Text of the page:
The San Andreas Fault


The San Andreas Fault is definitely one of the most significant and infamous geological formations in the United States landscape. Stretching for approximately 800 miles and having a depth of 10 miles, it is one of the biggest known networks of faults on land that mark the boundary between the Pacific and North American tectonic plates. The location is one of the most well-studied geological formations, but much is still unknown. This paper will seek to explore the San Andreas Fault, including its physical characteristics, origin and formation, its connection with earthquakes, and future research and events associated with the fault.

Geographic and Physical Description

Geographic and Physical Description

A mentioned earlier, the San Andreas Fault stretches across California for 800 miles. It is one of the longest geological structure over land in the Earth. The San Andreas Fault Zone (SAFZ) is the primary boundary between Pacific and North American tectonic plates. The tectonic plates move approximately 2 inches a year. The zone is typically divided into Northern and Southern. Northern California includes the San Andreas, as well as Hayward, Calaveras, and other faults. To the north, extensions of the fault are dramatic, reaching 400 miles under the sea, merging into the Murray Fracture Zone on the deep ocean floor. The Southern zone is wide, encompassing the San Andreas, the San Jacinto and other faults in the Los Angeles region. In the south, the fault continues to follow the exais of the Gulf of California for more than 1,000 miles. Over the majority of the San Andreas length, a linear trough can be seen from the air, although more subtle on the ground. There is a linear arrangement of bays, valleys, and lakes due to the trough. The fault zone can be identified by distinct landforms such as long straight encampments, narrow ridges, and undrained ponds in the blocks of the zone (Schulz and Wallace).

Most of the faults in the SAFZ are considered mature as they have accumulated tens of miles of displacement, putting the network within totals common for transform faults around the world. The progress of the San Andreas Fault in Southern California impacts a significant piece of the continental crust, because the active fault moved inward throughout the Miocene era. In the central and northern California, the fault network is almost 100km wide, established broadly by the offset San Joaquin and La Honda basins. Plate boundary faults east of the primary San Andreas Fault line are discontinuous as slip is transferred across faults, both releasing and restraining bends and step-overs (Scharer and Streig 252).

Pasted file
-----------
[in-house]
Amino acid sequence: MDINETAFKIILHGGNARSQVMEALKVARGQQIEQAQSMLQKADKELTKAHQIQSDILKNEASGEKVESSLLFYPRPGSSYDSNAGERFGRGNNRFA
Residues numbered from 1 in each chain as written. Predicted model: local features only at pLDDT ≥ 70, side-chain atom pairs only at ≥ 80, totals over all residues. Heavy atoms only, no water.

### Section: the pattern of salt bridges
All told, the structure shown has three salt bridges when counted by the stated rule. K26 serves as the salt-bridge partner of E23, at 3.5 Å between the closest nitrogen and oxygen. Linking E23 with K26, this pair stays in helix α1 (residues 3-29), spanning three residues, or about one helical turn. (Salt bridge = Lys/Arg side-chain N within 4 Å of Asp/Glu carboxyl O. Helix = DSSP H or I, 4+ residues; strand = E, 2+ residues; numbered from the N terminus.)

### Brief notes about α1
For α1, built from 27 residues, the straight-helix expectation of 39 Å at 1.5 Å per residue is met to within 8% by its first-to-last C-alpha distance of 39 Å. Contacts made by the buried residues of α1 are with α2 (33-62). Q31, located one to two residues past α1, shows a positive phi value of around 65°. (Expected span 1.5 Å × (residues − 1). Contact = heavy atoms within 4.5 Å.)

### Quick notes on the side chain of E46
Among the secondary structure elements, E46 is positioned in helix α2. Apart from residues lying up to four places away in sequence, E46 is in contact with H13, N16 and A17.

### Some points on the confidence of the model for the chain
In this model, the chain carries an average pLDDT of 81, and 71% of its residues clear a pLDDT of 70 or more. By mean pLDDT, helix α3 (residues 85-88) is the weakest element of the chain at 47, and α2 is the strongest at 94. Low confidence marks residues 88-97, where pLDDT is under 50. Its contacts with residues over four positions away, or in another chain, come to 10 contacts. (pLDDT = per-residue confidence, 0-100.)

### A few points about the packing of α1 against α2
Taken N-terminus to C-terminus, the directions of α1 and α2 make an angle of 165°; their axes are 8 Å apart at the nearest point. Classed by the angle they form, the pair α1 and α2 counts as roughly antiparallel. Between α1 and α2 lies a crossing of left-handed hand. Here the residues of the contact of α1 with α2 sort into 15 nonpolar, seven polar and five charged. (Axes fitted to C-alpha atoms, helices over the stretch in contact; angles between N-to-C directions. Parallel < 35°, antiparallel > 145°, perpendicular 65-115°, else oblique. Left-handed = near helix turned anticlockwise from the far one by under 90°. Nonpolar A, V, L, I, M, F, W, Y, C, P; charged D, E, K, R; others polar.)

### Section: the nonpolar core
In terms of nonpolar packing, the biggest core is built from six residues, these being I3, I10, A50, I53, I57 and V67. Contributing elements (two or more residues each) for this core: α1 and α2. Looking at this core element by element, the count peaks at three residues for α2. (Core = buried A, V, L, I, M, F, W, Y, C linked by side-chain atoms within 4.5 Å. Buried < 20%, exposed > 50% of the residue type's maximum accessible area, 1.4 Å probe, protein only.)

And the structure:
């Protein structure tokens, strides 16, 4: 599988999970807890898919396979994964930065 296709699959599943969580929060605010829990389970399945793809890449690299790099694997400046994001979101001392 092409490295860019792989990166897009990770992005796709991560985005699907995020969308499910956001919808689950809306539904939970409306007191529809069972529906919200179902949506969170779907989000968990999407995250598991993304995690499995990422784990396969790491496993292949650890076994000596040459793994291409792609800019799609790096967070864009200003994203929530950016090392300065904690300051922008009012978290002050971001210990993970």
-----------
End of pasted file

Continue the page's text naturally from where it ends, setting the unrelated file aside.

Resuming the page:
Geographic and Physical Description

Origin and History of Exploration

The San Andreas fault is believed to have formed in the mid Cenozoic era approximately 30 million years ago. At this point, the Pacific Plate encountered the North American plate as the Farallon oceanic plate disappeared underneath North America at a subduction zone. This structure resulted in the Pacific and North American plates sliding past each other rather than crashing, creating a boundary known as strike-slip fault. Geologists estimate displacement along the fault is approximately 350 miles since original formation (Oskin). A crustal fracture zone was formed with a right-later offset. Parts of the North American Plate were added to the Pacific Plate. The fault system comprise multiple strands as can be seen in the image above. One fault may creep through geological history and then become locked for thousands of years while the motion is transferred to nearby or newly formed strands (“San Andreas Fault: An Overview”).